Cellular reprogramming has in the past required the help of external genes, making this new find a true breakthrough in the science community. While this is just the beginning of this type of research, this will one day help to regenerate damaged cells with only pharmaceutical drugs required.
The research was published within two studies in the Science and Cell Stem Cell by a team of scientists constructed by senior investigator Sheng Ding, PhD. The team is part of the Roddenberry Center for Stem Cell Biology and Medicine at Gladstone. They used what they call a “cocktail” of chemicals to transform skin cells into organic cells that are very similar to stem cells. This completely removes the medical concerns that generally surround genetic engineering, proving a much more reliable and effective transformation.
Ding says this new method brings science that much closer to being able to generate brand new cells right at the place of injury in patients. The team hopes that one day they will be able to treat diseases such as heart failure or even Parkinson’s with medications that push the heart and brain to regenerate during damage with the help of surrounding healthy tissue cells. He compares these findings to the regeneration we naturally see in salamanders.
While an adult heart is able to regenerate naturally, the limit to which is can “fix” itself is quite limited. For years scientists have attempted to find a way to replace the cells that are lost upon a heart attack, but the treatments are typically not very effective with maybe a handful of cells repairing themselves. Deepak Srivastava, MD, and the director of Cardiovascular and Stem Cell Research within Gladstone has been using genes that change cells that create scar tissue within the hearts of animals to brand new muscle, which have shown to make the hearts function better. Chemical-induced methods hold promise of a much easier approach. Within the study written in Science, nine chemicals were used in a cocktail in an attempt to change the human cells into not just heart cells but heart cells that would beat. Finally, the correct combination was discovered. The cells created were very similar to multi-potent stem cells, which can be easily changed into the types of cells needed for a specific organ. Another cocktail discovered was able to take these cells and make the transition to heart muscle cells. This offers a 97% success rate and integrated beautifully to blend in with the surrounding cells.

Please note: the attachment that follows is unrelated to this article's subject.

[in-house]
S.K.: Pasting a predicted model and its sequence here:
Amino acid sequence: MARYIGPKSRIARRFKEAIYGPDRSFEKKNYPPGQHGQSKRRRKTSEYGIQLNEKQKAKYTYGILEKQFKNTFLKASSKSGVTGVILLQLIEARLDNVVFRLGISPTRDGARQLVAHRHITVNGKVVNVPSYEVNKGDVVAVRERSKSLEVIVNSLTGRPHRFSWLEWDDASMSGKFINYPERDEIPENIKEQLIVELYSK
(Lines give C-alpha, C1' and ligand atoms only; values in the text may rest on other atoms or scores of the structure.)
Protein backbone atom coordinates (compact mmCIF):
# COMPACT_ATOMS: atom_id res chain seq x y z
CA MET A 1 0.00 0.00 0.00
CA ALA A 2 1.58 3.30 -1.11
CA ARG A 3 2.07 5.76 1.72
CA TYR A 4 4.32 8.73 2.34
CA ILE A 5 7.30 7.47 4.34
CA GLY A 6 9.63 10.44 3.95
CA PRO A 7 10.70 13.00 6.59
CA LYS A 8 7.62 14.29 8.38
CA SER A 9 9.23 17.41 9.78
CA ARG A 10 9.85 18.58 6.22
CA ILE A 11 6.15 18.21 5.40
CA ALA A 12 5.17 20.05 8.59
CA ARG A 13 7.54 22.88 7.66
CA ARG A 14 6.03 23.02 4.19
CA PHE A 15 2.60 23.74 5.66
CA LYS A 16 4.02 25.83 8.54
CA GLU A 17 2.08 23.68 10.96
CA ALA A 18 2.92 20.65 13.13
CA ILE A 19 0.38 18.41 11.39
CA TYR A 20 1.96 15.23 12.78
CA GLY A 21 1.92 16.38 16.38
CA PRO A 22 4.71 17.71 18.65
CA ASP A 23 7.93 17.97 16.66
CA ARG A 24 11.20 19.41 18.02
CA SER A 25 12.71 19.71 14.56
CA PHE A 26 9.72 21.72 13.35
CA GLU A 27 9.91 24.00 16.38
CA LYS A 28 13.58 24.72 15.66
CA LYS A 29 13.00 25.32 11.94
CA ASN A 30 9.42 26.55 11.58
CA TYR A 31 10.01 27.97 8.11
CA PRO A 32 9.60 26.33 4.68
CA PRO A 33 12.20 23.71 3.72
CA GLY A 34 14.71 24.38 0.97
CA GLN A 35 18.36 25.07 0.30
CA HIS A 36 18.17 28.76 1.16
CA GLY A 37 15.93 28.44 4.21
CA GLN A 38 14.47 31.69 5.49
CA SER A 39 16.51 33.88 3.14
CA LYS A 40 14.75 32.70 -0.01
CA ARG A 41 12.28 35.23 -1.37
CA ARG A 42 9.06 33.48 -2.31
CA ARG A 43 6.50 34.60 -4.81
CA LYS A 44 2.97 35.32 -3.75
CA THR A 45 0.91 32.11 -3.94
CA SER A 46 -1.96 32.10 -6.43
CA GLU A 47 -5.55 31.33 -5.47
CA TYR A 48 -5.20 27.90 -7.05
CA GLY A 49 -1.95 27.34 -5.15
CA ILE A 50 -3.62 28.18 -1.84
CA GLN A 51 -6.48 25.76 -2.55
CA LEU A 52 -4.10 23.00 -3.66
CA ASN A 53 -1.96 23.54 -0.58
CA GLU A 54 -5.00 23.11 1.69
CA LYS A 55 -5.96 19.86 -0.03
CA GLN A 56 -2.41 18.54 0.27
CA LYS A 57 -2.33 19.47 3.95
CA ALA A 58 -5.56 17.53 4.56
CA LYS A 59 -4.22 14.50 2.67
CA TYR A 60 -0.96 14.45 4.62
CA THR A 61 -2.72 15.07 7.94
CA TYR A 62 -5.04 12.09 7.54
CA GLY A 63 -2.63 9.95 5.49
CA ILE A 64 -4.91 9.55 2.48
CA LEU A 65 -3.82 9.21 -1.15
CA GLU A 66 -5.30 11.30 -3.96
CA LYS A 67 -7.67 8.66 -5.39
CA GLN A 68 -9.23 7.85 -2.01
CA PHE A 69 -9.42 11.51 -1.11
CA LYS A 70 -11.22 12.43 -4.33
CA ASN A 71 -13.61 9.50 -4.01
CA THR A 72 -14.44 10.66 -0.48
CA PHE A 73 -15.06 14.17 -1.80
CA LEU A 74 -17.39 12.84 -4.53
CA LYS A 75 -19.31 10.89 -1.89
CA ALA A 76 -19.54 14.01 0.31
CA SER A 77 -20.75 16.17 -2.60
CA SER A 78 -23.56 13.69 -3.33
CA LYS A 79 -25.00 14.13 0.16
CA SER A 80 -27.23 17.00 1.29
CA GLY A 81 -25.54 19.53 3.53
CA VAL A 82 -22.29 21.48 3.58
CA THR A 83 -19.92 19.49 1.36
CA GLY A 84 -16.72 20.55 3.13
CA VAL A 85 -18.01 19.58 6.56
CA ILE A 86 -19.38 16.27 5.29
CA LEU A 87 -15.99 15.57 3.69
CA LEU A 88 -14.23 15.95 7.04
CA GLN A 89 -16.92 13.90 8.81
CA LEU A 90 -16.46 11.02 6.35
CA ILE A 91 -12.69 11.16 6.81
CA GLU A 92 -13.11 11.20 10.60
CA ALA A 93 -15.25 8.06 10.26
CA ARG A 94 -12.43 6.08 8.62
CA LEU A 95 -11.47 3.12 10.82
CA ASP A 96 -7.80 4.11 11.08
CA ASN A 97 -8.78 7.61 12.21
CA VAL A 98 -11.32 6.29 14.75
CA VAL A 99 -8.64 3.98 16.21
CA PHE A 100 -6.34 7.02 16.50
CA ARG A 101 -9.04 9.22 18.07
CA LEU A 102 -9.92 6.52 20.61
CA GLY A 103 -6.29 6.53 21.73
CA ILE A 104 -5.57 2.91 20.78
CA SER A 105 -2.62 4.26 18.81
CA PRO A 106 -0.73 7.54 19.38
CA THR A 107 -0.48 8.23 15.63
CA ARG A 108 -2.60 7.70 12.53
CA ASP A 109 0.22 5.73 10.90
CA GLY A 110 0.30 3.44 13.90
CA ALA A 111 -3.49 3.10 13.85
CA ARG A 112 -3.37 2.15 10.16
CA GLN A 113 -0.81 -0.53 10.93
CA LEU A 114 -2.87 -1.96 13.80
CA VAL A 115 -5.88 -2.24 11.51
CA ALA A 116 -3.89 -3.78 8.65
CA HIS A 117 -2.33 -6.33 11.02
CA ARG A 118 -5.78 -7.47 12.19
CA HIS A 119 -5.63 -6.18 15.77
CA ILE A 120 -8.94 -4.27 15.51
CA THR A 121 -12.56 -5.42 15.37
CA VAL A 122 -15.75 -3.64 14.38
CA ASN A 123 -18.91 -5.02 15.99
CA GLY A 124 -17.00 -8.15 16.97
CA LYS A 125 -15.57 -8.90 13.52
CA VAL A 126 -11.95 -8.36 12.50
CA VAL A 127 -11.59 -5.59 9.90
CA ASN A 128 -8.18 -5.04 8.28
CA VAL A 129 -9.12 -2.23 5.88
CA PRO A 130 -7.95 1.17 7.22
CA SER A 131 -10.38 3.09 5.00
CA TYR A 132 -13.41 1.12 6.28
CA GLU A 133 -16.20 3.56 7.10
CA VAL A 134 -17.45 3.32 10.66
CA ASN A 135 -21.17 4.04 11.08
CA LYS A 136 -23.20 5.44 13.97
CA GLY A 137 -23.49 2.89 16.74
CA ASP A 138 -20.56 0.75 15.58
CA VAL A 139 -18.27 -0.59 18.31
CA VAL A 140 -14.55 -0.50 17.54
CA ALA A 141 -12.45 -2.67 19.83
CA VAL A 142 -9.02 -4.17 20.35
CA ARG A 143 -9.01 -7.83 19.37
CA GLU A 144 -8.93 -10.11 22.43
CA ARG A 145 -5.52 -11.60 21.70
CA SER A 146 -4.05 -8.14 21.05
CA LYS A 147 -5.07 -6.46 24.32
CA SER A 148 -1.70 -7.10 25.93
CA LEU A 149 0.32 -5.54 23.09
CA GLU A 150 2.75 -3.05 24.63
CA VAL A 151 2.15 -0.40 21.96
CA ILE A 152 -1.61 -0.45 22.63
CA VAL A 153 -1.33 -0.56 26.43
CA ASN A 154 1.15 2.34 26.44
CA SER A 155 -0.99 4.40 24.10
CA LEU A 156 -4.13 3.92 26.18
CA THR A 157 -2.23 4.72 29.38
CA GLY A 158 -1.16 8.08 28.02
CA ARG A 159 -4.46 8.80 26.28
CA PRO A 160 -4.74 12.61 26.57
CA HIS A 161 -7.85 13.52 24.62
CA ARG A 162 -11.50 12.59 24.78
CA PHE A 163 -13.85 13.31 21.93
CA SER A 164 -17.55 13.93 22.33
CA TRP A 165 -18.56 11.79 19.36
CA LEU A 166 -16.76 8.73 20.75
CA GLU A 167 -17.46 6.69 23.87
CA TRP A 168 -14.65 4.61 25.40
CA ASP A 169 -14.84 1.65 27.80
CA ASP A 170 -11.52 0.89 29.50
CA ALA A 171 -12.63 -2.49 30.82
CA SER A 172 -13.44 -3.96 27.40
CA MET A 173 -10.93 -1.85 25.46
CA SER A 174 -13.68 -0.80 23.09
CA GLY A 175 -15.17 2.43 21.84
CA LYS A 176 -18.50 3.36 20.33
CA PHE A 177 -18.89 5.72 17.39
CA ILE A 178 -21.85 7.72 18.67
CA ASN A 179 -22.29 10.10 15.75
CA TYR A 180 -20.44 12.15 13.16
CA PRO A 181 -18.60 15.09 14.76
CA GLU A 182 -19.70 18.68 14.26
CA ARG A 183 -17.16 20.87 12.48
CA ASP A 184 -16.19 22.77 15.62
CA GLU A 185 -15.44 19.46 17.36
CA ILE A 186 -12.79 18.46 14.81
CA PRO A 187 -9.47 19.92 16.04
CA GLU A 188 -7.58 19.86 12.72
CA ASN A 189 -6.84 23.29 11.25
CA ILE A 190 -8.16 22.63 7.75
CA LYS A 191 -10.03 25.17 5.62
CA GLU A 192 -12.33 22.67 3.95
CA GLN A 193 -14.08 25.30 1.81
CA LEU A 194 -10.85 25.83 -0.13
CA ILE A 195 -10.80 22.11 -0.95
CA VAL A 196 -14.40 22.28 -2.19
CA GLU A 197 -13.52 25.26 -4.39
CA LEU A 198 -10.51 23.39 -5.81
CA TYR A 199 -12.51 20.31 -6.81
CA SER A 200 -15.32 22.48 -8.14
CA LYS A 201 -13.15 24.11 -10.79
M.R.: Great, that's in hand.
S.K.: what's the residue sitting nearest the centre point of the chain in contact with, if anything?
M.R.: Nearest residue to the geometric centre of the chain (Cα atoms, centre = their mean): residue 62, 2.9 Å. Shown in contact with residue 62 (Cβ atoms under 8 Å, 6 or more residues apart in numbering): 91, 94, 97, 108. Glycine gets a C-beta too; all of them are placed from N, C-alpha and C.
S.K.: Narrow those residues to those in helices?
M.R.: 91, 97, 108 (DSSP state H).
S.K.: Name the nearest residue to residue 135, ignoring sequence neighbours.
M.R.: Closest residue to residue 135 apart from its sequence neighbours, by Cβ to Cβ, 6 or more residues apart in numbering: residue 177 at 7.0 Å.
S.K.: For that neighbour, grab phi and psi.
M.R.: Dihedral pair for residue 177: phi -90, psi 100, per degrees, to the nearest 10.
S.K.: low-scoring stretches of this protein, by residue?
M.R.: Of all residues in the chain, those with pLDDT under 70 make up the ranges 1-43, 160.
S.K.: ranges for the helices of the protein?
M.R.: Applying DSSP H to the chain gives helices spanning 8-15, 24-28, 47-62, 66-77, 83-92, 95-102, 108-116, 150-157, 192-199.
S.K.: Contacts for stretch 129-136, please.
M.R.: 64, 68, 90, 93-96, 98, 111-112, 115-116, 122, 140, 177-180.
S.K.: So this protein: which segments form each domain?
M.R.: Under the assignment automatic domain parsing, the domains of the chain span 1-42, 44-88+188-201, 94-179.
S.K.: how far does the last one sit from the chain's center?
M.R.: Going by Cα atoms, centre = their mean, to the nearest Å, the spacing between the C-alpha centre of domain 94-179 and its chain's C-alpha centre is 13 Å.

In another study published in Cell Stem Cell, neural stem cells created from mouse skin cells were used. Again, nine molecules were tested, some of them matching those in the heart study. Over a ten day period, the chemicals were able to effectively change the cells: turning off skin cell genes, while neural stem cells genes were switched on like a light switch. When placed within mice, the neural stem cells transformed into the neurons, oligodendrocytes and astrocytes of the brain and were able to replicate themselves. This proves great for the future of brain injury sufferers.
Co-senior author and senior investigator at Gladstone, Yadong Huang, MD, PhD, says the improved safety of these neural stem cells may one day be able to completely get rid of the need for cell replacement therapy. He says in the future, such treatment may be provided simply through drug cocktails that target the brain and spinal cord, rejuvenating cells in real time.